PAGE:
Roughage: Essential for Rumen Function
By: Kelly Whitcomb
Dairy cow nutrition is constantly analyzed by its contents of protein, energy and minerals. We rarely take notice of the fiber we are feeding, whether it’s adequate, and the key role it plays for overall rumen health. Many people feel that a course roughage is utterly useless nutritionally, but in factuality it is extremely valuable in keeping our animals feeling well and performing their best.
A ruminant’s niche in life is their ability to break down complex structural fibers by means of rumination or “foregut fermentation”. They do so via microbial function in their four-chambered stomach, in comparison to “hindgut fermenters” or single-chambered stomachs seen in other mammals, including horses and rabbits. From this degradation process, cows are able to metabolize and produce the milk we consume or use to make other products.
Though long, coarse fiber is considered to be a low quality forage source, it influences a process known as the “roughage effect” which keeps rumen function optimal. This process occurs when stick-like fibers rub against the inner walls of the rumen, stimulating muscle contractions, and stirring up material being digested. This agitation mixes the contents, becoming more bioavailable for the microorganisms to break down and utilize.
Roughage presents an additional benefit by causing cows to regurgitate the material, usually referred to as “chewing their cud”. The saliva being produced during the mastication process contains a buffer which assists in keeping the cow’s stomach pH at desired levels: neutral to slightly acidic. This is important because most dairy cows are being fed a concentrate, along with their forage, that is high in starches or sugars; this creates acidity in the rumen. By feeding a fibrous roughage, the saliva buffers counter balance the acidity from the concentrates, providing a healthy rumen and a happy cow.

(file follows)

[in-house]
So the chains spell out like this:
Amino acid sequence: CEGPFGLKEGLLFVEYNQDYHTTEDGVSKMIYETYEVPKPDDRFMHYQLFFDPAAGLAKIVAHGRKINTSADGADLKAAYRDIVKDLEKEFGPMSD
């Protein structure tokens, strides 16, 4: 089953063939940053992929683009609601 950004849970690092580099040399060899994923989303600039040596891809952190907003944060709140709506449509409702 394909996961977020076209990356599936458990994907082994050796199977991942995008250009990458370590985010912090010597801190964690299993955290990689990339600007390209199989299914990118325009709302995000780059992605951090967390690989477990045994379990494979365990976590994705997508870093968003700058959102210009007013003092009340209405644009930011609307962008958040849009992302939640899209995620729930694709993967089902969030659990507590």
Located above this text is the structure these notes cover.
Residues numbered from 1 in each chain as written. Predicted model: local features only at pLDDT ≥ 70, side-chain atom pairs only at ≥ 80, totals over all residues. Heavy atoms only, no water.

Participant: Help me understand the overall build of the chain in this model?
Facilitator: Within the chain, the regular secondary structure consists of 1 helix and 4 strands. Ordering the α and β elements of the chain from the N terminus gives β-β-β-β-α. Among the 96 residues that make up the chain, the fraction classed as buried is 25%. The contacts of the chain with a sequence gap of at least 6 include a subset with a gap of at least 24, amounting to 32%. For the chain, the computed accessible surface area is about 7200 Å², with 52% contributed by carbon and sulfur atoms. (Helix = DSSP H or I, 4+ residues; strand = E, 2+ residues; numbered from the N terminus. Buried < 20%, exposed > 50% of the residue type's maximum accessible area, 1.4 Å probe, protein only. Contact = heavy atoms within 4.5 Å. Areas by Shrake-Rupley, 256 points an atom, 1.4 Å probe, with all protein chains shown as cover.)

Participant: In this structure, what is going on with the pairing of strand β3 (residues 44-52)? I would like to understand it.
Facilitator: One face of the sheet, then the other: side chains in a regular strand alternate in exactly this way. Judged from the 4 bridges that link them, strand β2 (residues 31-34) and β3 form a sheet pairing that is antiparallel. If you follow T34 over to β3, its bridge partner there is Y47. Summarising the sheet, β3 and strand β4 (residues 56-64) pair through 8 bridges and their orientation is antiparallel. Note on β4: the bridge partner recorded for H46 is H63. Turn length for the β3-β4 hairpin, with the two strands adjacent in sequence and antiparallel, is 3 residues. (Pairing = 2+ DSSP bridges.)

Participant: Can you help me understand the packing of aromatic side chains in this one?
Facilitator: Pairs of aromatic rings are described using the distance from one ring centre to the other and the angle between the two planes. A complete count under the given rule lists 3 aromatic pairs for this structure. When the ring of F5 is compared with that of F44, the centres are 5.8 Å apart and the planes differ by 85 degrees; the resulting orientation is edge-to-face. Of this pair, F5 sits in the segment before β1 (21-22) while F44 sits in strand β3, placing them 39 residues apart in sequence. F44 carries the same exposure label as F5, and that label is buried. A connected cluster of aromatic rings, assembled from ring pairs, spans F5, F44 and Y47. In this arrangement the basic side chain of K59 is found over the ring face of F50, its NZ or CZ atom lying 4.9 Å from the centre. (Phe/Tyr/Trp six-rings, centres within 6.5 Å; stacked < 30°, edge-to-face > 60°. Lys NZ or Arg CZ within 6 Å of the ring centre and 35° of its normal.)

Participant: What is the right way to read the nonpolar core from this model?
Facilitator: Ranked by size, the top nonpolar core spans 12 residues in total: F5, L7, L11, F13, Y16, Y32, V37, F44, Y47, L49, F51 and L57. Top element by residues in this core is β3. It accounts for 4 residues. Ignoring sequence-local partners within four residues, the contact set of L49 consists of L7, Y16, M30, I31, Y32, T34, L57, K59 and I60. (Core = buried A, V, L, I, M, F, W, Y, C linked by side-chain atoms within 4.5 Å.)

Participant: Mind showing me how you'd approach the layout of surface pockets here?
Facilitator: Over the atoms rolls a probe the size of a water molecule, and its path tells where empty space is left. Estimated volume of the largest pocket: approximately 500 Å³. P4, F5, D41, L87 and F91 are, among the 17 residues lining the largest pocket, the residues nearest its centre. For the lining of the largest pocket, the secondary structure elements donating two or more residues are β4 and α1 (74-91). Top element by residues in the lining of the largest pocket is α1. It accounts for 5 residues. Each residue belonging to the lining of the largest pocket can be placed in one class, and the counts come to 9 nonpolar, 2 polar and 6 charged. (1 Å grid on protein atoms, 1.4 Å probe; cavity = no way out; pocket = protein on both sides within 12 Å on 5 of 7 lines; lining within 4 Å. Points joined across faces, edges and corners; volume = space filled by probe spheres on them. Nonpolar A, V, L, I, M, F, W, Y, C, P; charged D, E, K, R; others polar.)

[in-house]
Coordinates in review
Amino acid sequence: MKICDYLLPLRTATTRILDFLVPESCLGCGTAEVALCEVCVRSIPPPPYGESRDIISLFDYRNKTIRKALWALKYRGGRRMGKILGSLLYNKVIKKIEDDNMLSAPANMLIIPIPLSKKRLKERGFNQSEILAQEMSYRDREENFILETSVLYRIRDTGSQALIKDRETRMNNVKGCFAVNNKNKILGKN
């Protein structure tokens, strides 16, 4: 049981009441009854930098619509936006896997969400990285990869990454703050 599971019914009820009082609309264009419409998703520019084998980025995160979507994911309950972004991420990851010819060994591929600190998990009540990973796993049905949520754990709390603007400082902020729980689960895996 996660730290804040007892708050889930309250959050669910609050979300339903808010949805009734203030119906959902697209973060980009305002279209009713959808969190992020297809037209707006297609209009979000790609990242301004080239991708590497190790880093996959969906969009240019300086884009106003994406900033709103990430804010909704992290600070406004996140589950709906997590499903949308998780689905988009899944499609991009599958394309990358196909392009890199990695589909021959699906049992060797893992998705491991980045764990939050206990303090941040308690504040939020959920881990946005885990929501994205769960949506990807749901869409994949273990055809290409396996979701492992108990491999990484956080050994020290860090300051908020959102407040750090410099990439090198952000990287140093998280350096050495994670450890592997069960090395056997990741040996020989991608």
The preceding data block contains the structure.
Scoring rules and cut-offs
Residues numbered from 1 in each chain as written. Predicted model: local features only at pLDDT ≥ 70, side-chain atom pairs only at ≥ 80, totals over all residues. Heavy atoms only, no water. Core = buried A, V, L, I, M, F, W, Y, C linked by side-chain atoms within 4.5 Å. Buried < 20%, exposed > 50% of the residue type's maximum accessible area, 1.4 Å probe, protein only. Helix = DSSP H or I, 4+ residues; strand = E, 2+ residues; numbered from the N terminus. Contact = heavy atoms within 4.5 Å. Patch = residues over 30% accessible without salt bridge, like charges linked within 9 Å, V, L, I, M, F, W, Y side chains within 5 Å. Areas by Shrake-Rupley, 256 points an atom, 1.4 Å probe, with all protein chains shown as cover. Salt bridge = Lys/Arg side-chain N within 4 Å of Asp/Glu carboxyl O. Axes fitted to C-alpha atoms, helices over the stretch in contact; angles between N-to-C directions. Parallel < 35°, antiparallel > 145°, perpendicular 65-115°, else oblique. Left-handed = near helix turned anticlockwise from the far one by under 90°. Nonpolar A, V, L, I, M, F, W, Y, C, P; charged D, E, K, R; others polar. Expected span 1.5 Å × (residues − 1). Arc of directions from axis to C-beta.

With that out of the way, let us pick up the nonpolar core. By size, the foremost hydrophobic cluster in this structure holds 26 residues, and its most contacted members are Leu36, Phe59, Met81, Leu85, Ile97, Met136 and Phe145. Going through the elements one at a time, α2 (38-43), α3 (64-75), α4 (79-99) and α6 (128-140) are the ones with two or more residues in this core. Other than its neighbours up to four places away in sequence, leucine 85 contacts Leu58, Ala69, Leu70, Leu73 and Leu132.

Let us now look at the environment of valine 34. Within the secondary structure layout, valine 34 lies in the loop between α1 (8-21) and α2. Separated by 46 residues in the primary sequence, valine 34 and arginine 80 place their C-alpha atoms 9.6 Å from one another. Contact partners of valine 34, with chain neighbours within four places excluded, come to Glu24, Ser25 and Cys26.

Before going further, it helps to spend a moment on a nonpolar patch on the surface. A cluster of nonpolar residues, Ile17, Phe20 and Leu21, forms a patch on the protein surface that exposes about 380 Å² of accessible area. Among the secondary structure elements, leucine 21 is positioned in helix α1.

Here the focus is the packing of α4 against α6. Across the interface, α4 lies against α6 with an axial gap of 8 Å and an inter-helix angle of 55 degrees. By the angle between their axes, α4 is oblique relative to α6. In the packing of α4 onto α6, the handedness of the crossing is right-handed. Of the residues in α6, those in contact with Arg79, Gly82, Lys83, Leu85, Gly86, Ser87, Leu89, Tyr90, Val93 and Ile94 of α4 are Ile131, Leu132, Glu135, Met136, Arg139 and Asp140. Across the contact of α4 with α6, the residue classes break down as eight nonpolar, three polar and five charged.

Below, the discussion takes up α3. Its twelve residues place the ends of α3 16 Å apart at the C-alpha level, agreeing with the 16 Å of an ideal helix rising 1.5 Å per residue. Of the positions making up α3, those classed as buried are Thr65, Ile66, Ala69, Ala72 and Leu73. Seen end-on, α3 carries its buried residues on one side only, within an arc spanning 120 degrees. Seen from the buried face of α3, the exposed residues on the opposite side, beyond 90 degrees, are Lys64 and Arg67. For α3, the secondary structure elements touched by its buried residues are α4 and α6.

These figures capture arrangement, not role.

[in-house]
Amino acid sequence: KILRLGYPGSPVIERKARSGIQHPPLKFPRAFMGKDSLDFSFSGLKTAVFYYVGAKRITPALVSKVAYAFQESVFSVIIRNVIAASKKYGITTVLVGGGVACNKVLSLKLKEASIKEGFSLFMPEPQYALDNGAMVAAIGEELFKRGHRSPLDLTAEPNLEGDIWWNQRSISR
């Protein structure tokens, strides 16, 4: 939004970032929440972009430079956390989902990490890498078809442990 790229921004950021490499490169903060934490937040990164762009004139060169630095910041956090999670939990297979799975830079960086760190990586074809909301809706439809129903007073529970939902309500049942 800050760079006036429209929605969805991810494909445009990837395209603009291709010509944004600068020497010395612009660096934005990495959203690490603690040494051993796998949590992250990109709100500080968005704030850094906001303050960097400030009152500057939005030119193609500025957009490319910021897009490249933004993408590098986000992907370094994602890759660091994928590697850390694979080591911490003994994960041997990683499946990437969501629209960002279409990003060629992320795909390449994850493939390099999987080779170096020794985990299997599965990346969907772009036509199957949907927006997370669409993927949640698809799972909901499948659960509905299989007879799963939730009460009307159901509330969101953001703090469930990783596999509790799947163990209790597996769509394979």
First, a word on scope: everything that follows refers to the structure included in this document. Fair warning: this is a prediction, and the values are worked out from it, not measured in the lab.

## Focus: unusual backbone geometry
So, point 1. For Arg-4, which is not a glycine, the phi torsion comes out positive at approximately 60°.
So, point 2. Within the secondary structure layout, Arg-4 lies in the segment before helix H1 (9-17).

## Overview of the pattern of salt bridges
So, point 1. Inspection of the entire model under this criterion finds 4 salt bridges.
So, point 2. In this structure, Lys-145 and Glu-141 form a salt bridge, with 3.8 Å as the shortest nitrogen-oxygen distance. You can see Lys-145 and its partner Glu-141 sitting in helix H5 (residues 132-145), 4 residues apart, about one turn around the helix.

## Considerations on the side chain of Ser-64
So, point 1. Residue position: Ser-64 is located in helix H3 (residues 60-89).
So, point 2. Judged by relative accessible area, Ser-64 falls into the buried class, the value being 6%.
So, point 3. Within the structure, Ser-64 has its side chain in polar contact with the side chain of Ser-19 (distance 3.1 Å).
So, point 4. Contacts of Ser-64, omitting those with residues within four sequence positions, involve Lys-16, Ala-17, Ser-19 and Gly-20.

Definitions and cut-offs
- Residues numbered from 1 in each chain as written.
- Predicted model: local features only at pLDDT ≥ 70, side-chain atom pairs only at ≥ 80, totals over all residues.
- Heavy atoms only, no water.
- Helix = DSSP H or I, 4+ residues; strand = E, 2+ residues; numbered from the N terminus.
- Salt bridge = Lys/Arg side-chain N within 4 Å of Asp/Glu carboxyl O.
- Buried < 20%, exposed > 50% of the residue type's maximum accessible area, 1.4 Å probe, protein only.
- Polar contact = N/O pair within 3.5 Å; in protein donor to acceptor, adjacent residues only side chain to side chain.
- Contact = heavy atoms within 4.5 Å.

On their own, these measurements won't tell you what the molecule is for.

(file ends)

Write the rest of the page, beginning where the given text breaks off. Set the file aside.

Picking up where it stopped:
So what is considered a good roughage?
A roughage is a component of the dairy cow’s nutrition regime consisting of a high concentration of slowly degradable fiber, such as long stemmed hay. Adequate roughage is long-stemmed, from 3/8 inch to 1.5 inches long (or longer), causing the cow to chew the forage numerous times. A total mixed ration, or TMR, consists of forage, yet contains additional starches and sugars, and is often cut too short to trigger the “roughage effect”.
The importance of feeding roughage to dairy cows is shown through over all rumen health, function, and productivity. Though concentrates are crucial for energy and production, quality fiber will keep the dairy cow vigorous and content.